Polygon’s total climate control solution for PDX included both temporary climate control equipment and remote monitoring. Here is a breakdown.
Remote monitoring of Temp/RH and Wood Moisture Equivalent (WME) The first step was to install 24/7 remote monitoring. This included twenty-two (22) ExactAire Multi Sensor devices continuously reading ambient conditions. Six of them were equipped with wood moisture equivalent (WME) probes that take readings of the mass timber beams to report on moisture content. Data was piped to cloud desktop and mobile apps for reporting and alerts.
“Polygon worked with us to set up a custom ExactAire system, online dashboard, and reporting process," said Joel Bennett, Project Manager for Hoffman Skanska on the Portland International Airport (PDX) Terminal Core Redevelopment Project. "It provides important data on the exact conditions throughout the project, in our many different work areas and elevations. We can see if there’s an issue right away, and based on the location of the sensor we can quickly hone in on the cause and get right to work on the solution."
"We also have the history and trendlines, which provides assurance that conditions are kept within the necessary ranges for our mass timber and finish elements," explained Bennett.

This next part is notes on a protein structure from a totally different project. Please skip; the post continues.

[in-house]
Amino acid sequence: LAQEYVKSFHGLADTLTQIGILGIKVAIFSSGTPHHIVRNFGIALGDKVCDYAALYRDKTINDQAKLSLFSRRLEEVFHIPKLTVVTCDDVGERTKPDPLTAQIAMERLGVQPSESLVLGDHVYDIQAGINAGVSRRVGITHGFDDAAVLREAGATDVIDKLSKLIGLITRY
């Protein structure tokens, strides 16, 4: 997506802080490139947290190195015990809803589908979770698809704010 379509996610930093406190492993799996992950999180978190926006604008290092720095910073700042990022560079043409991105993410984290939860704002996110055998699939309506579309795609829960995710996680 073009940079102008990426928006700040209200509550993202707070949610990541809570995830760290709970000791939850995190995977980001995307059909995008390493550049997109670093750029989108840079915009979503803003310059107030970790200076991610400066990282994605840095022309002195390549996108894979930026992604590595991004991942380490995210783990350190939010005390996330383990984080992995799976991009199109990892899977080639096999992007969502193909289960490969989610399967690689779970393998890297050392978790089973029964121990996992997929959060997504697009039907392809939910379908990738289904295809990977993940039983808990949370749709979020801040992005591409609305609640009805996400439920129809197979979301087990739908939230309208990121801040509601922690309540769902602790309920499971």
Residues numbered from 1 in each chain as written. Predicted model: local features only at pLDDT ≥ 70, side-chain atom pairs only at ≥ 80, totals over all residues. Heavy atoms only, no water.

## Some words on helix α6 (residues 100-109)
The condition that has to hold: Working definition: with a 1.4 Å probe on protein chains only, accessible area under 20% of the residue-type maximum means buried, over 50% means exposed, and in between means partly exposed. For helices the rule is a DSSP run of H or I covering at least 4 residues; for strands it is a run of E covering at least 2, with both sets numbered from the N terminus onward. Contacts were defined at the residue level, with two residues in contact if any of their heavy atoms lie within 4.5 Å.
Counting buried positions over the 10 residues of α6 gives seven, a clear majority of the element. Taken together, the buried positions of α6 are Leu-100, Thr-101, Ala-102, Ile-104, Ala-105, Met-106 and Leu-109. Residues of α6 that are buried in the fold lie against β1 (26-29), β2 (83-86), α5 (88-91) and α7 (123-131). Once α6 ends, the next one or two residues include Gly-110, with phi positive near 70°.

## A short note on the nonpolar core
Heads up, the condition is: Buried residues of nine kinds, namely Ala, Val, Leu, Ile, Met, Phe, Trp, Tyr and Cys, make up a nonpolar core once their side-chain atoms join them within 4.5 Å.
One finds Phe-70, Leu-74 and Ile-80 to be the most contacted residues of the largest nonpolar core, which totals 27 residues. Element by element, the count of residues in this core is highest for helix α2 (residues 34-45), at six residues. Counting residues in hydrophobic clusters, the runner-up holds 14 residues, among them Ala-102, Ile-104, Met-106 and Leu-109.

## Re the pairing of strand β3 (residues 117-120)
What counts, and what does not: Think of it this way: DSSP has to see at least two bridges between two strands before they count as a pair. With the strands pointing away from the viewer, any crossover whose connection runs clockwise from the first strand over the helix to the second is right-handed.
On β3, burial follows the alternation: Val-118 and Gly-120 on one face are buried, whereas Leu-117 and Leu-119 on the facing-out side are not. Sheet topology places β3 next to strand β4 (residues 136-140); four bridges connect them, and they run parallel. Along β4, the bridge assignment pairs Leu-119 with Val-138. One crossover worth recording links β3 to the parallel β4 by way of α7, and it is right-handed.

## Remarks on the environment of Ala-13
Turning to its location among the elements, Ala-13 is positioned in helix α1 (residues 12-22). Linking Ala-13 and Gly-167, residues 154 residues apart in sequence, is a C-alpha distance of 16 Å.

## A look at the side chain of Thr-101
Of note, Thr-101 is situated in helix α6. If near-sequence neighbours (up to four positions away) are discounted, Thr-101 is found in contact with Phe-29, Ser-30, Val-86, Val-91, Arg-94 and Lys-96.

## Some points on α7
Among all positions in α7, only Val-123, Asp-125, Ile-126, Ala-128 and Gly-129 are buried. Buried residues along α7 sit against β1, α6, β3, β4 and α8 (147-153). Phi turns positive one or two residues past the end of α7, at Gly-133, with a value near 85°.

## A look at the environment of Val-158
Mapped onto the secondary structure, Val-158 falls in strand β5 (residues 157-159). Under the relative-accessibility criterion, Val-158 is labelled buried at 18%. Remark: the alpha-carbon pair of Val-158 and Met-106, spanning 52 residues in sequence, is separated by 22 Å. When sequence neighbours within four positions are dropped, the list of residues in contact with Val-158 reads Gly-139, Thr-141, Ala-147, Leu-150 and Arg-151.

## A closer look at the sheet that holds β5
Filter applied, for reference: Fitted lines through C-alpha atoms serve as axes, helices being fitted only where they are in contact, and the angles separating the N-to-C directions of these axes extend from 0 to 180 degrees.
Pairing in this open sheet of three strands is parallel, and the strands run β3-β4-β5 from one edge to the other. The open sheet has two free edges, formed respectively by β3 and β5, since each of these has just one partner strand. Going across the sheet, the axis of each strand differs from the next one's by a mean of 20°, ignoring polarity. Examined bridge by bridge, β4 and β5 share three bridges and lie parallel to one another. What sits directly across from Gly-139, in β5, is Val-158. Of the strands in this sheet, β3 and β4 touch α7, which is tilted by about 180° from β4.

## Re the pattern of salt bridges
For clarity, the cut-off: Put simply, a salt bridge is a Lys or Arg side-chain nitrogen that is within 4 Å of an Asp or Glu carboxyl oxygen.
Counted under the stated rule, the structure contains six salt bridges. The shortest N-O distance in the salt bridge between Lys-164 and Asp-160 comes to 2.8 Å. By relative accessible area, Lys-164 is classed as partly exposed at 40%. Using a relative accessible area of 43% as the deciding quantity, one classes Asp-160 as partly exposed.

The trend since August 1 is shown in the ExactAire chart. The WME sensors show that the moisture content was decreasing over time. The fluctuation is evidence that the mass timber is porous, and changes can occur as materials move from outside to inside and as the building is closed in.
The next step a few months later was to install five (5) 1 million BTU heaters throughout the indoor space. These produced and recirculated clean, warm air to over 60 degrees Fahrenheit and is offered the most fuel-efficient option.
Naturally, keeping all the installation contractors on schedule is a big part of a GC's job. Seeing when conditions are ready for materials to go in or when materials are dry means Hoffman/Skanska didn't waste time. For example, one of the flooring contractors wanted to wait to install materials until conditions were acceptable. With data at hand, the PM was able to prove favorable conditions with Polygon’s solution to the installer and get on with the project.
"It’s great to be able to show, without any question, that conditions are right. It removes any doubt and helps us keep things on track and moving forward.”
- Joel Bennett, Project Manager of Hoffman Skanska.
Efficient Heating – A superior heating solution was provided because Polygon understood the trade-offs between options, the requirements and limitations of the job and site, and kept project goals in mind.
Materials Protection – The combination of ExactAire and the right climate control gave stakeholders reassurance that the proper climate conditions were being produced and they were able to communicate that information. This not only helped with managing schedule slips but also helped protect materials from poor conditions.
Documentation – The trend logging from ExactAire serves as documentation and verification for future reporting. Should anyone question what conditions were at a given point in time, the project team will be able to share those details both for the temperature and RH monitoring and WME readings.
The PDX Next project is expected to be completed in 2025.
For more information on ExactAire, visit www.polygongroup.us/exactaire.